And sometimes he is forced to desperate expedients. He makes good use, when writing about Auden and others, of the recorded history of political sentiments in the intelligentsia; and still more rewarding is his framing of his entire argument inside the anthropological analyses of Arnold van Gennep, concerned with ‘rites of passage’, and of Victor Turner, investigating ‘pilgrimage’. But not all his forays outside of literature are so happy. Particularly unfortunate are his not infrequent appeals to Freud: ‘The fetishist’s quest stops short of the terrible revelation that a woman does not have a penis, and that castration is therefore possible.’ It is astonishing that after more than half a century (Freud’s paper on fetishism dates from 1927) such unverified and unverifiable pronouncements should still be adduced in all solemnity by writers who in other fields show themselves thoroughly cognisant of the laws of evidence. The sentence comes in what Trotter himself describes as ‘a less sophisticated and more localised description of the fetishism of the Cantos than that recently proposed by Alan Durant’. It is less sophisticated because it argues directly from the Freudian scriptures, not via the revisionism of Lacan. But the wholly indeterminate because unverifiable status of the Freudian texts nullifies the one argument, Trotter’s, as much as the other, Durant’s. The pity is that the entire excursus is unnecessary: Trotter’s examination of Pound’s Eleven New Cantos (1934-35), in civil dialogue with Stephen Fender, is judicious and breaks new ground without needing at any point to appeal to Pound’s alleged ‘fetishism’. The reader whom Pound appealed to is significantly different in Canto 41 from what he had been in Canto 31, and Trotter I think is the first to make this important point.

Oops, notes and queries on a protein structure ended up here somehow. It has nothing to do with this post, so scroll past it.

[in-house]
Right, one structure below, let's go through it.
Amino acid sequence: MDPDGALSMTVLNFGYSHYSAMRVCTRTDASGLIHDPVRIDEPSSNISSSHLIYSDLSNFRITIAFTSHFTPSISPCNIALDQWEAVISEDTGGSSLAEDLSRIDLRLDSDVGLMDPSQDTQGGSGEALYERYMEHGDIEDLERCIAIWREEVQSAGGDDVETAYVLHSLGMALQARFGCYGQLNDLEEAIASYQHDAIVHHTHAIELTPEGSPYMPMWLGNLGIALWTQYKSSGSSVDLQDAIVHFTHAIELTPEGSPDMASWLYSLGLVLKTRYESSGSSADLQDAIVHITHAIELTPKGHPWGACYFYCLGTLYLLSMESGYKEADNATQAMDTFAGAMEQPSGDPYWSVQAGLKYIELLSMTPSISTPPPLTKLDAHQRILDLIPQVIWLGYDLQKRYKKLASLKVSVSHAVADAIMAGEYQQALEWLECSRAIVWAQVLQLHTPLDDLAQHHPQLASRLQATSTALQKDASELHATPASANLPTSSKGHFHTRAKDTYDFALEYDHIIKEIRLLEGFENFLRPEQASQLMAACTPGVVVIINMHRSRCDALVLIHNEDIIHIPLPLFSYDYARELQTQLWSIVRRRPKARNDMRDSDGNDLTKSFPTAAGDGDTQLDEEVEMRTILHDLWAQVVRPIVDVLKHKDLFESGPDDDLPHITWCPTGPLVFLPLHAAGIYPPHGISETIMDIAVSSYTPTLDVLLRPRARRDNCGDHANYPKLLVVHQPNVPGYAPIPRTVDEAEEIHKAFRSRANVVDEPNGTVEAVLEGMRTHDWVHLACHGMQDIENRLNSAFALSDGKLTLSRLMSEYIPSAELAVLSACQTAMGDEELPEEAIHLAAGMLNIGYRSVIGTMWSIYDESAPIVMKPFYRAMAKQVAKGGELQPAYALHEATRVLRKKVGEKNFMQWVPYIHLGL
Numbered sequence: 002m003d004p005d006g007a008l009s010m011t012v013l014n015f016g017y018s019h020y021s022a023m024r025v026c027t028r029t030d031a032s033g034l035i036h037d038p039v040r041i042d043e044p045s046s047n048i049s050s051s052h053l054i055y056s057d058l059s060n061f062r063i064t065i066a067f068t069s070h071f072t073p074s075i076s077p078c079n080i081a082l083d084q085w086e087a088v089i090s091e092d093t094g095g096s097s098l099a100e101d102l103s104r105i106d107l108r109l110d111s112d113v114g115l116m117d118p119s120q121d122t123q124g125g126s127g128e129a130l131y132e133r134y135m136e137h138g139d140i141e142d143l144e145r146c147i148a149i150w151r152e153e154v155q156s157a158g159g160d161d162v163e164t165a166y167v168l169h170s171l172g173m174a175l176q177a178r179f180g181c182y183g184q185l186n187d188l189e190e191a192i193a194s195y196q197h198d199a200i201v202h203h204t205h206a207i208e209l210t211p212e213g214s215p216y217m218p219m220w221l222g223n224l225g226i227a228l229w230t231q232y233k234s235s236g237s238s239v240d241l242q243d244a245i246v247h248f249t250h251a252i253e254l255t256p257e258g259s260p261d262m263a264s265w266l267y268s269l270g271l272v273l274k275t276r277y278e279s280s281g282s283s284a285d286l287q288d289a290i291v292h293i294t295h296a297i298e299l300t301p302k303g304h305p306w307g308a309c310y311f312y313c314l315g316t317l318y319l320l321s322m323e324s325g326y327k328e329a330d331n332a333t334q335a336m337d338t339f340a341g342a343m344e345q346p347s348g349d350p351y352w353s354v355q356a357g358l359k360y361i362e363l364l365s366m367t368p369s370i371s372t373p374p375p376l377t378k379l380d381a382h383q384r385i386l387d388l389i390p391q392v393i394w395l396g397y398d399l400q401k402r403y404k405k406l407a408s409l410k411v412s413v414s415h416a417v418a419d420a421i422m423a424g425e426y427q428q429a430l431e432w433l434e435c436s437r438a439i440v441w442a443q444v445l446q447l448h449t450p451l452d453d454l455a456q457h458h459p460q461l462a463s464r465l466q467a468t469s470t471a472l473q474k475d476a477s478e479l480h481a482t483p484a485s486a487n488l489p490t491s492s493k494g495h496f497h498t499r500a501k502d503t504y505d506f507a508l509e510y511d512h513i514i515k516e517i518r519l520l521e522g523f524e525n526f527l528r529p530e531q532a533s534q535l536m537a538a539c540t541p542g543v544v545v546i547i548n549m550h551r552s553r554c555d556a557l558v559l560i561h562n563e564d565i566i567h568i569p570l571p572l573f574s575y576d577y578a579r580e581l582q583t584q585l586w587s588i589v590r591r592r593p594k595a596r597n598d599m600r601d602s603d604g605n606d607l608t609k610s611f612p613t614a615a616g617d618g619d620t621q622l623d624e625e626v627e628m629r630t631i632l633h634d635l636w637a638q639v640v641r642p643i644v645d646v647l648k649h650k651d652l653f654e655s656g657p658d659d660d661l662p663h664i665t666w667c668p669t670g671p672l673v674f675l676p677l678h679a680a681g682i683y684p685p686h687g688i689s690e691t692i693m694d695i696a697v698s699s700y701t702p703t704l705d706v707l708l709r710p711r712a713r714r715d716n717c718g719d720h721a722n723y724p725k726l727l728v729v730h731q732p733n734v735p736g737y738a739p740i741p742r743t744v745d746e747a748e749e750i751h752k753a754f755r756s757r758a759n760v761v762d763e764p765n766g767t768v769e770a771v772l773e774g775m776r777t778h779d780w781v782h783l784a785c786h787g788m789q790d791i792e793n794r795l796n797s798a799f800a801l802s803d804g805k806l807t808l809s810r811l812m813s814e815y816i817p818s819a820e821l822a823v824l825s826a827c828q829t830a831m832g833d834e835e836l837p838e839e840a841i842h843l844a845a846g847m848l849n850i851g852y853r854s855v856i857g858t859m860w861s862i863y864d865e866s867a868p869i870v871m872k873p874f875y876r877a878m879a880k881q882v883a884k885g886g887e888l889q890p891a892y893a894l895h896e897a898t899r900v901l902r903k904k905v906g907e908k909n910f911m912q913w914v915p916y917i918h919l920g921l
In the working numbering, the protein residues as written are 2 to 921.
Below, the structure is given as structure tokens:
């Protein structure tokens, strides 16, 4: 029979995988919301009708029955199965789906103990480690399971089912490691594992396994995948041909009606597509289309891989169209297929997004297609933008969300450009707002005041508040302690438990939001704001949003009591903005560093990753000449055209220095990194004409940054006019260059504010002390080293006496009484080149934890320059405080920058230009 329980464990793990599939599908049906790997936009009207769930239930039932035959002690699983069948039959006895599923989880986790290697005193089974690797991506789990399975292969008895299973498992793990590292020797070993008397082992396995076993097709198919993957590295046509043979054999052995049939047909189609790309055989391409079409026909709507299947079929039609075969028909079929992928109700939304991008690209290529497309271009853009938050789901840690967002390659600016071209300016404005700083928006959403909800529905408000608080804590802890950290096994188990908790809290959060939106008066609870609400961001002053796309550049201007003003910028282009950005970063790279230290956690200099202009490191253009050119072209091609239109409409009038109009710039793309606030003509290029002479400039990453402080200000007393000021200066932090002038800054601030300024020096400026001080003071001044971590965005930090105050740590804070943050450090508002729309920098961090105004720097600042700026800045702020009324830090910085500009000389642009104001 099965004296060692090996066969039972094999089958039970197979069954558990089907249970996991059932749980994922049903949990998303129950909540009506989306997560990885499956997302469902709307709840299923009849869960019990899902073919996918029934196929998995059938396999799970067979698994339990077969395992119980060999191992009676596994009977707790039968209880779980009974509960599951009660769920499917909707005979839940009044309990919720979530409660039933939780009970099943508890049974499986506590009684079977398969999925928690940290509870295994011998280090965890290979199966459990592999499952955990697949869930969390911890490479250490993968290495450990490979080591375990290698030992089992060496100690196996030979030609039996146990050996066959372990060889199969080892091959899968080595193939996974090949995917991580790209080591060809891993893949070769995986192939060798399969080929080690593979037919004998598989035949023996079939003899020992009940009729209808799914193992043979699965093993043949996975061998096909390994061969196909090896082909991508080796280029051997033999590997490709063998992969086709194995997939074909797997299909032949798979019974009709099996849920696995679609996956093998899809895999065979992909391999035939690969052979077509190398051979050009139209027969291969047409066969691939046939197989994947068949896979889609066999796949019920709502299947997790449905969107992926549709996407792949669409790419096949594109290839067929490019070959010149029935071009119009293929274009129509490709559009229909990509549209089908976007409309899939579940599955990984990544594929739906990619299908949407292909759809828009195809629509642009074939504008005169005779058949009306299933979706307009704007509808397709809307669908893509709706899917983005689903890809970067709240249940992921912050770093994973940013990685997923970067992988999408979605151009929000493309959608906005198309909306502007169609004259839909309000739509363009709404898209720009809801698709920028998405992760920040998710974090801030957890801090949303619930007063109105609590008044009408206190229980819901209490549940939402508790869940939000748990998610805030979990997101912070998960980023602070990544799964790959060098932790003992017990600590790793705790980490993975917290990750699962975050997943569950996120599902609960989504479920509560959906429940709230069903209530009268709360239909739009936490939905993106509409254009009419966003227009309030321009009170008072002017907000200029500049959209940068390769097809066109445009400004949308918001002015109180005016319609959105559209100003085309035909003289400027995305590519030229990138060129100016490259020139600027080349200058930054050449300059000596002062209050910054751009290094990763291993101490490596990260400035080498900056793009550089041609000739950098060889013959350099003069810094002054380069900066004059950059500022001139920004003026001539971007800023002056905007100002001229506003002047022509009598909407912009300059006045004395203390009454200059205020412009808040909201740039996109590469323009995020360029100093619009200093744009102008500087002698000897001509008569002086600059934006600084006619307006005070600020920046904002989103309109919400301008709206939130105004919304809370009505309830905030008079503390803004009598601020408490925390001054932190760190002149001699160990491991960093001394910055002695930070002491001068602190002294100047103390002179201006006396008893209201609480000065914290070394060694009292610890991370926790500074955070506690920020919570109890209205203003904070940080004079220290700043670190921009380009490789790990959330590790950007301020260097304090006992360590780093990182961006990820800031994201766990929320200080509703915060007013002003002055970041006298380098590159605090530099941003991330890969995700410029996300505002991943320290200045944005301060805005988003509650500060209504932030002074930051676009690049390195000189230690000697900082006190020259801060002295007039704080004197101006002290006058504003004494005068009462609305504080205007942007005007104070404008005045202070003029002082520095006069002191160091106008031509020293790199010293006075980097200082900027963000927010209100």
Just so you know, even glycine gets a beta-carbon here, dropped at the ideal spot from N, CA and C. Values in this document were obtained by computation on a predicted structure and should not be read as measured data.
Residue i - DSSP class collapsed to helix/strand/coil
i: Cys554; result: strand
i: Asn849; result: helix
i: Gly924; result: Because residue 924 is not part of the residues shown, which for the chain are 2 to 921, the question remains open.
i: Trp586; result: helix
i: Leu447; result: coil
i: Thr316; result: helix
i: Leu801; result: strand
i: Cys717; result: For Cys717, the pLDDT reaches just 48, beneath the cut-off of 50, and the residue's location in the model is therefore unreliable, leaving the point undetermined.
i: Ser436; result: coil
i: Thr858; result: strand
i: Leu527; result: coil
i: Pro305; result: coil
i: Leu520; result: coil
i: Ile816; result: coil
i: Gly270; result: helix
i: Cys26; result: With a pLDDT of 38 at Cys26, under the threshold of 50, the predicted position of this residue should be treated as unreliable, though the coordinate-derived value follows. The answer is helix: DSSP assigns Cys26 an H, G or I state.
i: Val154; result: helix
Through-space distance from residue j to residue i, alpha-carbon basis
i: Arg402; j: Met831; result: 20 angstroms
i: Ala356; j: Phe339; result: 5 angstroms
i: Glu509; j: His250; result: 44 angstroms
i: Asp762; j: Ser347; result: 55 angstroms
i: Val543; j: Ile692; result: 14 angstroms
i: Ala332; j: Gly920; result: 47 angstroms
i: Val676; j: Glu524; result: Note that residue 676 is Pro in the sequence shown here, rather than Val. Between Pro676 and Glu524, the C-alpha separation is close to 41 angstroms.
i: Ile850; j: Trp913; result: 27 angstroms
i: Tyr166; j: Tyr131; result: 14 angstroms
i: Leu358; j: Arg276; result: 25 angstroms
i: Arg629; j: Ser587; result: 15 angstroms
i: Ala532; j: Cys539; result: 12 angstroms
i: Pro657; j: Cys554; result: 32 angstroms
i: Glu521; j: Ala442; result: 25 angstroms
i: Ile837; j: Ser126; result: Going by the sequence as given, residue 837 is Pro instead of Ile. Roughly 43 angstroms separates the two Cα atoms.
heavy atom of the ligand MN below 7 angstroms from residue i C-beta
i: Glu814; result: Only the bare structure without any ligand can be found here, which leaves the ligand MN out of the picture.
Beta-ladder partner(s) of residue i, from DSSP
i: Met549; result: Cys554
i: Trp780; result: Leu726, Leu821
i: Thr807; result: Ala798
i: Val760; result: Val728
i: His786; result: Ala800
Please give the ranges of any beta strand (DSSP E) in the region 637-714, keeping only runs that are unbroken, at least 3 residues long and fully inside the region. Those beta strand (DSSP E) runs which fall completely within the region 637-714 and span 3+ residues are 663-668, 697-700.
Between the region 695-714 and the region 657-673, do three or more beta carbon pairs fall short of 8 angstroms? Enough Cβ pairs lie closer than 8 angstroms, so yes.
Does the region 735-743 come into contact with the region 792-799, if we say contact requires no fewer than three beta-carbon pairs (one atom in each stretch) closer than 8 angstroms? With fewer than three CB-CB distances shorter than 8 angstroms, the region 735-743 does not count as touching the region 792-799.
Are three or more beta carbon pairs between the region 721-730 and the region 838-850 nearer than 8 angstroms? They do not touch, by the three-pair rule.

From time to time, however, we are in danger of forgetting altogether about the manipulation and ‘making’ of the reader. For lying athwart the book that David Trotter has written are tantalising and sizable fragments of another book altogether, at least as fascinating, which would have for title ‘Pathos and Anti-Pathos in 20th-century Literature’. This second book is first given its head in Chapter Five, called ‘The Spirit of Anti-Pathos’, which connects with sparkling audacity Brecht, Gramsci, Wyndham Lewis, and the Wallace Stevens who wrote ‘The Comedian as the Letter C’; it reappears in Chapter Nine, entirely concerned with American poetry and comparing Frank O’Hara with Ed Dorn (not the expected names? No, thank heaven); and in Chapter 11, where three English poets who normally trade in pathos are applauded for at one point departing into anti-pathos – Ted Hughes in Crow, Geoffrey Hill in Mercian Hymns and J.H. Prynne in Brass. The reader appealed to, or ‘made’, by these books is defined only by tautology: he is the reader who prefers comedy, or ‘ferocious banter’, to elegy, or the celebration of departed glories. Who he or she is, and how he or she came to have these preferences, is nowhere made clear, nor is the question addressed. We are invited to think that the reader who likes Crow won’t like the rest of Ted Hughes; that the admirers of most of Geoffrey Hill’s poetry will be disconcerted by Mercian Hymns; and that the admirer of T.S. Eliot won’t readily respond to Lewis’s The Wild Body – which may well be true, and if true it is interesting, but what has it to do with ‘the making of the reader’?